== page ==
Japanese strawberry picking farm goes sustainable with coco peat and ice cream

Shimonta, located in Hamamatsu, Shizuoka prefecture of Japan, operates a poly greenhouse where they provide strawberry picking activities and a gelateria to local people and tourists.

It is said that originally strawberries arrived from the Netherlands to Japan in 1830s. Then between 1965 and 1970, agritourism became popular. There are some reasons why agritourism such as fruit picking activities are common in Japan. Tsuyoshi Tanabe, CEO of Shimonta, comments that the fruit picking activities make for the shortest value chain from farmers to consumers. In addition to that, some support from the government can be received economically through the Food, Agriculture and Rural Basic Law executed in 1999. As a result, some growers tend to do agritourism such as “strawberry picking activities”. In the Shizuoka prefecture alone, there are approximately 70 strawberry picking farms.

The Shimonta farm provides tasty strawberries in a sustainable and eco-friendly environment. According to the objective, systems like a double screen, a machine that generates CO2 from the exhaust of the boiler, and using ground water from 70 meter below, are implemented.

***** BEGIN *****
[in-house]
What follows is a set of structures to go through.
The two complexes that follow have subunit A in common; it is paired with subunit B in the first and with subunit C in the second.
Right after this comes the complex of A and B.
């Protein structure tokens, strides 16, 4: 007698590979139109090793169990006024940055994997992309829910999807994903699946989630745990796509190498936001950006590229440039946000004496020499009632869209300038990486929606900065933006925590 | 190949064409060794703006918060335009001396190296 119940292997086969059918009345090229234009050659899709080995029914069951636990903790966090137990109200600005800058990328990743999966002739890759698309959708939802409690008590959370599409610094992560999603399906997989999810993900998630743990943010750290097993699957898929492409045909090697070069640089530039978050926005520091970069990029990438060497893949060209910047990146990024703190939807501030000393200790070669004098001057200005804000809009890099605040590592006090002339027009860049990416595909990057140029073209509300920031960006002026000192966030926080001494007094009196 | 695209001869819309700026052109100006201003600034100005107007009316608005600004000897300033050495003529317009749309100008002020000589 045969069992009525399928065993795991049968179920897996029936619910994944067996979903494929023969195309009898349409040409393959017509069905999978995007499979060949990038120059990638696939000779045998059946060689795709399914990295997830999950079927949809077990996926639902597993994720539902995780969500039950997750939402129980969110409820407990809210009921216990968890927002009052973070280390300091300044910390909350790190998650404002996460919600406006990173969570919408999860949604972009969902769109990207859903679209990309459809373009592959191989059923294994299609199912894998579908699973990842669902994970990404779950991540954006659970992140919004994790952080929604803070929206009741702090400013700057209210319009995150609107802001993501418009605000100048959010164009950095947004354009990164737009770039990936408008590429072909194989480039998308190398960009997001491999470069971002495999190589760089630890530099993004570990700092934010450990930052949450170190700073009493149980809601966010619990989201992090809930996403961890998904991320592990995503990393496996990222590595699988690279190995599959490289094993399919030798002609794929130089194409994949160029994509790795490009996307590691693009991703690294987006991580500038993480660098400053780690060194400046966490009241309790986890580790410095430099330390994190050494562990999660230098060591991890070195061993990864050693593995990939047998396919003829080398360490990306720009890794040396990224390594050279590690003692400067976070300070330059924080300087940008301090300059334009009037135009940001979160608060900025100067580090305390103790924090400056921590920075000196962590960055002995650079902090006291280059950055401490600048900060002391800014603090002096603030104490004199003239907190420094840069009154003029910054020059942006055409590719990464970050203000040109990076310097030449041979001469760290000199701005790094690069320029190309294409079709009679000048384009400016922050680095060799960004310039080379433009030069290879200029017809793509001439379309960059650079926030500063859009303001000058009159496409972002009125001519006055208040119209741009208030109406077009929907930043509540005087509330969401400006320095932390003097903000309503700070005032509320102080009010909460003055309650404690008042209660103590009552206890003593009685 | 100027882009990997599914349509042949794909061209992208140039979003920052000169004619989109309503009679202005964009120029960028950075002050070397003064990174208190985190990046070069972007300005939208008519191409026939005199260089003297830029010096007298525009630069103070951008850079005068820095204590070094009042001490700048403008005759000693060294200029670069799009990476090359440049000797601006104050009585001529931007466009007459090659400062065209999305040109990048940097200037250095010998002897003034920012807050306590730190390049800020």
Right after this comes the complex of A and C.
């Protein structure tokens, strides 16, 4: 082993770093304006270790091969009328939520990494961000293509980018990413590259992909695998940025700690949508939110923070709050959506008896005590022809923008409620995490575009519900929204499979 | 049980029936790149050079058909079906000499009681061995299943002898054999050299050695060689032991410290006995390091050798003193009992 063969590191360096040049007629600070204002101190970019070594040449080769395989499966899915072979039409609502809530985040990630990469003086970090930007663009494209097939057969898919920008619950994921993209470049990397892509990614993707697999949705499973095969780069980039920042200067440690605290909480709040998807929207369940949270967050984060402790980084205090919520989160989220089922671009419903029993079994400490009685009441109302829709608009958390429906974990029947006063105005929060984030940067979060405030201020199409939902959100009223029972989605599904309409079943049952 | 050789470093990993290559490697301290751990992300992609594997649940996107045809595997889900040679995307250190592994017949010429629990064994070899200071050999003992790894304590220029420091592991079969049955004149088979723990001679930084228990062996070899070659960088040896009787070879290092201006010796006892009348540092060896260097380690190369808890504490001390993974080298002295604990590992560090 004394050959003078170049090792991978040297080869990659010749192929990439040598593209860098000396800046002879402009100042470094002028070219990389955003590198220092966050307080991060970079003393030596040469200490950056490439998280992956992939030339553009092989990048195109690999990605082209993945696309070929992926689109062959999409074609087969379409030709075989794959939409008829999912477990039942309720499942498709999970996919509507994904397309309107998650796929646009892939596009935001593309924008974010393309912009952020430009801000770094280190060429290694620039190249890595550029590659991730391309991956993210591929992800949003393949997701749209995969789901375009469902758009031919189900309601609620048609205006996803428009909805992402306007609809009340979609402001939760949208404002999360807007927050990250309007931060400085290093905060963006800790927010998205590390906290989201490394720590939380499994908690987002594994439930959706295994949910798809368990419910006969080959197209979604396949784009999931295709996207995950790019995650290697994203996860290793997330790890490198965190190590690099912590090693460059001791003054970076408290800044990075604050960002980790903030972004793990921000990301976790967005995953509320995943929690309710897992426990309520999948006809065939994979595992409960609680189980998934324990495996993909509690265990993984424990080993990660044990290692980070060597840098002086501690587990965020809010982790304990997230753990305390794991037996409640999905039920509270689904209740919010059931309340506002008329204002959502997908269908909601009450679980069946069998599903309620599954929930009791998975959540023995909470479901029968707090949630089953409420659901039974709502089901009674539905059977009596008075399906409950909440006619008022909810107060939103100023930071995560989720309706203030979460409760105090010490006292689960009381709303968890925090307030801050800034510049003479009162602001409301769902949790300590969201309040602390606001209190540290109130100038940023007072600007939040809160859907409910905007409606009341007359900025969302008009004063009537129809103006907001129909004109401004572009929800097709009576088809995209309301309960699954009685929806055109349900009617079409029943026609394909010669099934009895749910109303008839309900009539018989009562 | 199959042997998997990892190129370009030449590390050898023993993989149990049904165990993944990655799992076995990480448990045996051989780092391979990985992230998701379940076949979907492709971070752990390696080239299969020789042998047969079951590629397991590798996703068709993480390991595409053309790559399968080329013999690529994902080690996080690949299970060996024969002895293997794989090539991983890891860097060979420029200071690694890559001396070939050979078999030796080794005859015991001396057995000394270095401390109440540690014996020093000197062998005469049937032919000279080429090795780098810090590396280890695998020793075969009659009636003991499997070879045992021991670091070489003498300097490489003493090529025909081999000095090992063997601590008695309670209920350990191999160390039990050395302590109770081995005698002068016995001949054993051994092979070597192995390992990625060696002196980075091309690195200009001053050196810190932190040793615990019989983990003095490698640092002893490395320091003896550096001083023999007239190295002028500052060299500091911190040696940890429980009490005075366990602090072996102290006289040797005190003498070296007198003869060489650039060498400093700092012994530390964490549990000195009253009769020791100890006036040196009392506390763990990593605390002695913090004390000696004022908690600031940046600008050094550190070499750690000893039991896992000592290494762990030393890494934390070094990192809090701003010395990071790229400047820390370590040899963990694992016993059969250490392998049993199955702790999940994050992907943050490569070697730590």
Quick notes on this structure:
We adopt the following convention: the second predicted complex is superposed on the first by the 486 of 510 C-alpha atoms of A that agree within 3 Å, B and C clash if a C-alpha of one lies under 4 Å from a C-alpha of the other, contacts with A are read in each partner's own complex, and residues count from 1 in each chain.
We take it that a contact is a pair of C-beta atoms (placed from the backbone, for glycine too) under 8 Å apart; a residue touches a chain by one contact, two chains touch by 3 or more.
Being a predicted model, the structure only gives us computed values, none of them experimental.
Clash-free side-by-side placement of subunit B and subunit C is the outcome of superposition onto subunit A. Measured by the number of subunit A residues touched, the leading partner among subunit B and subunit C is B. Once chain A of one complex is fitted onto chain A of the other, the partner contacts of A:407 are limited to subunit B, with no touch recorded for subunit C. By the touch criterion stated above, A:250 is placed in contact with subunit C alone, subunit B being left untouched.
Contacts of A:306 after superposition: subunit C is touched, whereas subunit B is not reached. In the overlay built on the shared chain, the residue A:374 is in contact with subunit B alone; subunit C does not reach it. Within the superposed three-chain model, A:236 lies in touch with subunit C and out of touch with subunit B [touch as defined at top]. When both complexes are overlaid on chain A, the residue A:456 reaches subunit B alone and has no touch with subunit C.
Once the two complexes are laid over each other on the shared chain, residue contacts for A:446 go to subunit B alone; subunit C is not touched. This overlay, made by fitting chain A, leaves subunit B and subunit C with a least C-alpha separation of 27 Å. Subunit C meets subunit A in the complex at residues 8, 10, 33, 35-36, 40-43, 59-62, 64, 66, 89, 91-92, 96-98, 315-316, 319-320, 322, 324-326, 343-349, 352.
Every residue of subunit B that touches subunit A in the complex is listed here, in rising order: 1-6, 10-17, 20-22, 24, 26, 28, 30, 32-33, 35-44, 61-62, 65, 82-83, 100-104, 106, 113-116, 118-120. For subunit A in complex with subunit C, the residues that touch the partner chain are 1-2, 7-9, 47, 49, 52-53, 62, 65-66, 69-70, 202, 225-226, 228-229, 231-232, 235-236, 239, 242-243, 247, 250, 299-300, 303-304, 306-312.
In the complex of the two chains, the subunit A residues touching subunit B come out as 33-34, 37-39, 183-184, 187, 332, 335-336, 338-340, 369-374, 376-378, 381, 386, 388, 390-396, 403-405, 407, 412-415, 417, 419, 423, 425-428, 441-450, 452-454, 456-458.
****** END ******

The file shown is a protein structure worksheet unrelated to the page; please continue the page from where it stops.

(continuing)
Ice cream
The strawberry picking farm also hosts a gelateria as a solution for food waste. Strawberries that, due to their shape, aren't suitable to be sold, can be reborn in fresh strawberry gelato. Also, since strawberry sales can be lower in summer, the gelato is a nice way to generate some extra income.

Coco peat
Another way in which the farm aims to be sustainable, is through the use of coco peat. Because rockwool isn't fully recycled in Japan, the costs are high and it's not entirely sustainable.

“Meanwhile, it’s difficult to the good quality of coco peat products here in Japan”, Tsuyoshi Tanabe says. In Japan, coco peat products made in Sri Lanka dominated the Japanese market for historical reasons, and because of the small size of Japanese importers. Some of the available products tend to be of low quality, Tsuyoshi notes.

He states that the coco peat they used previously was cheap, but it didn't provide good drainage, and root rot occurred. “It caused a lot of disease and I ended up changing the company. The previous one was cheap, but I needed to implement new coco peat products much earlier than I expected. Now I am content with the coco peat of cococaRa and happy about the good quality”.

For more information:
2-13-6 3F, Shinkawa, Chuoku, Tokyo (JAPAN)

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